(A) 1

    (B) 2

    (C) 5

    (D) 10

    (E) 20

    Evaluating the integral of a function or a set of data points is often impossible to solve in closed form.

    Therefore, numerical integration is required. In this section, the popular and reasonably accurate

  • Copyright 2011 John Wiley & Sons, Inc. All rights reserved.

    Trapezoidal Rule will be explained.

    First and foremost, it must be stressed that an integral is simply an infinite sum as follows:

    The Trapezoidal Rule is a discreet method that is used to evaluate an integral; the technique uses the

    right hand side of the above equation with .

  • Copyright 2011 John Wiley & Sons, Inc. All rights reserved.

    Considering a random individual area, it is assumed that a straight line segment can estimate the

    function from fi to fi+1. Notice that there is an error, which represents the difference between the area

    that is bounded by the line segment and the area that is bounded by f(x). The estimated shape is a

    trapezoid. The formula for the area of a trapezoid is:

    Estimate the area under the curve by combining the two formulas above:

    Collect terms:

    Therefore, in general, the Trapezoidal Rule can be expressed as:

    It is important to note that a smaller will result in a larger number of areas, which will provide a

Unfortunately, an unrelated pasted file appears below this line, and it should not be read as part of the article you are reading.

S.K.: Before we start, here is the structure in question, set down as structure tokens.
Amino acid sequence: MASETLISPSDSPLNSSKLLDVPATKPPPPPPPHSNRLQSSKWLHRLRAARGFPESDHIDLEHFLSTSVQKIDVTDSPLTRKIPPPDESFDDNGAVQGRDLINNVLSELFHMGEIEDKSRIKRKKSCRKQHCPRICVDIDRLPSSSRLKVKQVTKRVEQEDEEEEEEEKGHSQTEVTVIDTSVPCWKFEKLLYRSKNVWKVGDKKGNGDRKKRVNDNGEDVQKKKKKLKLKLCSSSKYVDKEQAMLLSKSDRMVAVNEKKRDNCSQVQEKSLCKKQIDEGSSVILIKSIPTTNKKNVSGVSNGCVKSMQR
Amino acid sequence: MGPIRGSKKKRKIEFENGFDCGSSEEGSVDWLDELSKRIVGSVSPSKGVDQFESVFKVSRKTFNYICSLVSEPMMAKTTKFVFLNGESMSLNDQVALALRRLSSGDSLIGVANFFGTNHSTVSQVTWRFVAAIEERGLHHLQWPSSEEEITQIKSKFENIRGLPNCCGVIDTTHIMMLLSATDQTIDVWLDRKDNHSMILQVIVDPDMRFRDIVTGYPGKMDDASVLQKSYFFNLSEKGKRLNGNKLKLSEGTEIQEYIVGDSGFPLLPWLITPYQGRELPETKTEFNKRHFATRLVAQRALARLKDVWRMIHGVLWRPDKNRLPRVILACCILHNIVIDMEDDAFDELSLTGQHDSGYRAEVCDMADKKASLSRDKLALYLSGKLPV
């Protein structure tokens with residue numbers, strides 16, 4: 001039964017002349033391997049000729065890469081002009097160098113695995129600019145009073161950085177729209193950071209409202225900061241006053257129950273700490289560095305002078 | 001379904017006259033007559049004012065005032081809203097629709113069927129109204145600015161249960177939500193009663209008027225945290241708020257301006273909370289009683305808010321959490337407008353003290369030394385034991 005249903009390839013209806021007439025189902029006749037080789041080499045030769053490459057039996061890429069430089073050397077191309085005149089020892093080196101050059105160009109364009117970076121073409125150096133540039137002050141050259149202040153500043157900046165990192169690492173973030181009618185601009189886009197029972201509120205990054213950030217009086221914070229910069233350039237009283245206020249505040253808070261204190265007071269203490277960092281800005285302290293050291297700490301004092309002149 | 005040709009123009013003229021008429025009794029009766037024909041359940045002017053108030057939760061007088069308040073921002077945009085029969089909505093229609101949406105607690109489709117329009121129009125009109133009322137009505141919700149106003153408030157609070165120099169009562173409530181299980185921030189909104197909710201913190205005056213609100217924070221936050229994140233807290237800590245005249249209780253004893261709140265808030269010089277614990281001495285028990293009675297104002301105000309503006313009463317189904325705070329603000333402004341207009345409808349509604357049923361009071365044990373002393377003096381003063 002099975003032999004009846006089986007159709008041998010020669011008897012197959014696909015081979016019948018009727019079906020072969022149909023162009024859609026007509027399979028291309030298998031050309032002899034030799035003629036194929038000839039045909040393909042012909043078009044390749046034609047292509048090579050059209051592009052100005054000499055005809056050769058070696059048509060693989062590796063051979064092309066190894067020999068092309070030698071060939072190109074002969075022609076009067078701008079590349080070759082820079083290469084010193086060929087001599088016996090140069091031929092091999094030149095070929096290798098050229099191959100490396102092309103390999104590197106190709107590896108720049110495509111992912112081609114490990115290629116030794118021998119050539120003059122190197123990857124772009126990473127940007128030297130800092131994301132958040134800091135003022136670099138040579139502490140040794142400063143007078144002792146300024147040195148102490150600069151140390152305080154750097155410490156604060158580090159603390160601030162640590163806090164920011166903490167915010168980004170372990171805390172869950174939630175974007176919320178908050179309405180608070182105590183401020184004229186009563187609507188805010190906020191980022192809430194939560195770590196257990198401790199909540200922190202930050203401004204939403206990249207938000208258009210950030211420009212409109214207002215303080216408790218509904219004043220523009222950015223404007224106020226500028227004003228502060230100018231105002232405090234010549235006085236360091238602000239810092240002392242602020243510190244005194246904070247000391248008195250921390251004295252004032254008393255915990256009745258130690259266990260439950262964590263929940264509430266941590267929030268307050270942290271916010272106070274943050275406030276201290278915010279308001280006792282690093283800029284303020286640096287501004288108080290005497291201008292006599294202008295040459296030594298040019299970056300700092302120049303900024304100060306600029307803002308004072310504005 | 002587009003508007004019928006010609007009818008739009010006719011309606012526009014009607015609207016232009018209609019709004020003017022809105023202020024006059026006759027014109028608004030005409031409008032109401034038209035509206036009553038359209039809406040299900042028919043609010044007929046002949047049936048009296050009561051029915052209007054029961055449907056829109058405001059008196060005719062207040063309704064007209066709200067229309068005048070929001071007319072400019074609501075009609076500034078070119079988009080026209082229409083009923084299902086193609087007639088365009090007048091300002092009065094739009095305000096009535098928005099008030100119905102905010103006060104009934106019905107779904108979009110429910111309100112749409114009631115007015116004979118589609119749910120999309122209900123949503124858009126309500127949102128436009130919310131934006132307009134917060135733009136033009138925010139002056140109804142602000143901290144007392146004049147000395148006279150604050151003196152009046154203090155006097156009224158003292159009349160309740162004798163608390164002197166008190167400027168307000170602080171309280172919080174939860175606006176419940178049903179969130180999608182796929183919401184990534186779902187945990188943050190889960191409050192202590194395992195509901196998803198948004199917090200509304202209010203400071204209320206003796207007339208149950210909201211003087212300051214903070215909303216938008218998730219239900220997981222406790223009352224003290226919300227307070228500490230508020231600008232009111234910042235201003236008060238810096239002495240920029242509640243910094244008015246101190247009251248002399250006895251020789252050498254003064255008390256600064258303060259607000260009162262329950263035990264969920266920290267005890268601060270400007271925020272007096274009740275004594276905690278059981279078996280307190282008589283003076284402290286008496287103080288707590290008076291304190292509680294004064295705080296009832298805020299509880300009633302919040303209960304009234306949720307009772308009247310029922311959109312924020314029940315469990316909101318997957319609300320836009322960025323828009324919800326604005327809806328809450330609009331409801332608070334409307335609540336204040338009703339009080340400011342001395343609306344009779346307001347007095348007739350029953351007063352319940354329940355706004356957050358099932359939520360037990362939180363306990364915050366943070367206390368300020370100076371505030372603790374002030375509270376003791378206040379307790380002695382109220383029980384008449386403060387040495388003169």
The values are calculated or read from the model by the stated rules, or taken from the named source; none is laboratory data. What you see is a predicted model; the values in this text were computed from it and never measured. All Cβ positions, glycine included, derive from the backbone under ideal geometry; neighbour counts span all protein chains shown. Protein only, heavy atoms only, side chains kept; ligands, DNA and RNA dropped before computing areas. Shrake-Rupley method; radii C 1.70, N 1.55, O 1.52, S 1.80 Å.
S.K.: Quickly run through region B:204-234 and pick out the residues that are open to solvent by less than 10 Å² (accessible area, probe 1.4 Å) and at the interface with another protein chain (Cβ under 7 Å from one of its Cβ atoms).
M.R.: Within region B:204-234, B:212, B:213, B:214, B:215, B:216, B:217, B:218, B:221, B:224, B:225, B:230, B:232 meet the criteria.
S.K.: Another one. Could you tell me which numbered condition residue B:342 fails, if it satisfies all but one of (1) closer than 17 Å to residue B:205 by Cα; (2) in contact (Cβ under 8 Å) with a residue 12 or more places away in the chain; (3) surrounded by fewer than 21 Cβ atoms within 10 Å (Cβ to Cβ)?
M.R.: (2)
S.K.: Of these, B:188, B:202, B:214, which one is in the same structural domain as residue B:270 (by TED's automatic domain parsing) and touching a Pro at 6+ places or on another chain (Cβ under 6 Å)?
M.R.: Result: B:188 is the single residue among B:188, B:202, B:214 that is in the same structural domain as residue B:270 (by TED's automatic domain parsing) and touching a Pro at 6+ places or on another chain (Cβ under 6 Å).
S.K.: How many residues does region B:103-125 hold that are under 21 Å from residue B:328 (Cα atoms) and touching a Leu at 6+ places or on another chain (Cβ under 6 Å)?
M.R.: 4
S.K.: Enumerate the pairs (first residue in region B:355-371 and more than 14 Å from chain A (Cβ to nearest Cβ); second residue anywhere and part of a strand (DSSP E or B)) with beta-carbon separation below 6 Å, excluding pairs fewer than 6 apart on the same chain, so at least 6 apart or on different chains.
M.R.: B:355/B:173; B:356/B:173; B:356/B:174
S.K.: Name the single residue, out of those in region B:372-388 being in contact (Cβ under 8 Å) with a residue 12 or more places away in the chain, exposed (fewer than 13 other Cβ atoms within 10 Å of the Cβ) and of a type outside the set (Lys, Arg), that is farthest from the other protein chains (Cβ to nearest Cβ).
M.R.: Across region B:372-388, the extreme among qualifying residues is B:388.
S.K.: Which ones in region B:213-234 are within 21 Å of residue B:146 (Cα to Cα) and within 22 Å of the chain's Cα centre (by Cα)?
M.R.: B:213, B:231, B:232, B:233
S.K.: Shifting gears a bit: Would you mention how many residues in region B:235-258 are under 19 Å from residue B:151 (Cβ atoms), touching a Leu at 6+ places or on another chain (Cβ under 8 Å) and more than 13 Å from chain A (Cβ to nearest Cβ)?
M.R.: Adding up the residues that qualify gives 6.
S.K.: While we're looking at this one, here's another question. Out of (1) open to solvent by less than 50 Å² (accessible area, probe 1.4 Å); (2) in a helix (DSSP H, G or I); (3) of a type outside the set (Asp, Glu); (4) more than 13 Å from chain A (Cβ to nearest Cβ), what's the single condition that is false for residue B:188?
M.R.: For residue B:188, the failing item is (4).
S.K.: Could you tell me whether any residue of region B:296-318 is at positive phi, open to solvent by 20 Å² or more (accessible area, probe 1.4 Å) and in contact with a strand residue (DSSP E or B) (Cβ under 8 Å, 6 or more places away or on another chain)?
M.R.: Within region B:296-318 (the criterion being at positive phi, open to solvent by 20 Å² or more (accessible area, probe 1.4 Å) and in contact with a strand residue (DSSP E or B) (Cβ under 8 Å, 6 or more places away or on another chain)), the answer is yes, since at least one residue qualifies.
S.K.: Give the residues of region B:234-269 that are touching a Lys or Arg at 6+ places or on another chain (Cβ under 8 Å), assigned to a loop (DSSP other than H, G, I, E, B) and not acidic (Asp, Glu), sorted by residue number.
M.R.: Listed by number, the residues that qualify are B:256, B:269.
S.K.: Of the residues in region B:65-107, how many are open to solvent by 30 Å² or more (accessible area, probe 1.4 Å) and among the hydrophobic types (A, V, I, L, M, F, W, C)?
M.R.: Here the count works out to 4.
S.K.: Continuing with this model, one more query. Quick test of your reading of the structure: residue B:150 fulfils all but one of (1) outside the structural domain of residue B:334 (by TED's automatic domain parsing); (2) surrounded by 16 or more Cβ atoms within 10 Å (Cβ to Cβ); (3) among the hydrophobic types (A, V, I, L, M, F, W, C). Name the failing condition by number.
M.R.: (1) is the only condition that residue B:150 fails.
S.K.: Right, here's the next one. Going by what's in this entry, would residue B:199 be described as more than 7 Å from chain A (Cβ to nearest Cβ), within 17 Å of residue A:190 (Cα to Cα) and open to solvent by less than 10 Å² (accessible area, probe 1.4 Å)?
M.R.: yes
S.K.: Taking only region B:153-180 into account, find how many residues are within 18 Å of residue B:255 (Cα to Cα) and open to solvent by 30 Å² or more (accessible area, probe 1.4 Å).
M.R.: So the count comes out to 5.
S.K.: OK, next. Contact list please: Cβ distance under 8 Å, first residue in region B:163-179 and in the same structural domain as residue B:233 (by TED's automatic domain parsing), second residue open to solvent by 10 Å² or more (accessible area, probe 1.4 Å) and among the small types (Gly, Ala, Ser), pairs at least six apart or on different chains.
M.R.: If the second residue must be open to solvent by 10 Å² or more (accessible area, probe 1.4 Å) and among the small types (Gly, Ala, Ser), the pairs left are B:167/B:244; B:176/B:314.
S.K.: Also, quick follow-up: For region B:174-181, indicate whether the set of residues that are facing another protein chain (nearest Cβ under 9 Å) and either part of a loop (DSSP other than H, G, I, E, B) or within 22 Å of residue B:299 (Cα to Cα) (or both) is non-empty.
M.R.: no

more accurate result. This is because a smaller line segment from fi to fi+1 will more closely represent

    the exact value of f(x).

  • Copyright 2011 John Wiley & Sons, Inc. All rights reserved.

    INTEGRAL CALCULUS

    The indefinite integral of a function can also be defined in terms of a limit, but for our purposes a more

    useful definition relates it to the derivative. The indefinite integral is the inverse of the derivative, and vice

    versa. That is to say, the derivative of the indefinite integral of a function is equal to the function itself and

    the indefinite integral of the derivative of a function is equal to the function itself, within a constant called

    the constant of integration.

    The symbol for the derivative is d, which is an abbreviation for difference, and the symbol for the

    indefinite integral is , which looks much like an s, which is an abbreviation for sum. Using these symbols, the inverse relationships are:

    (2.5)

    (2.6)

    This pair of equations is called the Fundamental Theorem of Calculus and provides an intuitive way of

    calculating the indefinite integrals of many functions. Since the indefinite integral is the inverse of the

    derivative, it's often called the antiderivative.

    Unless a new function is encountered, the limit definition of the indefinite integral is never used. Instead,

    the limits are determined once for each class of functions, and the resulting expressions, which are

    called shortcuts, are used to calculate them.

    (2.7)

    (2.8)

    (2.9)

    (3.0)

    (3.1)

    You should verify these shortcuts are correct by applying the derivative to the indefinite integrals of each

    function. If the shortcut is correct, then the derivative of the indefinite integral will be equal to the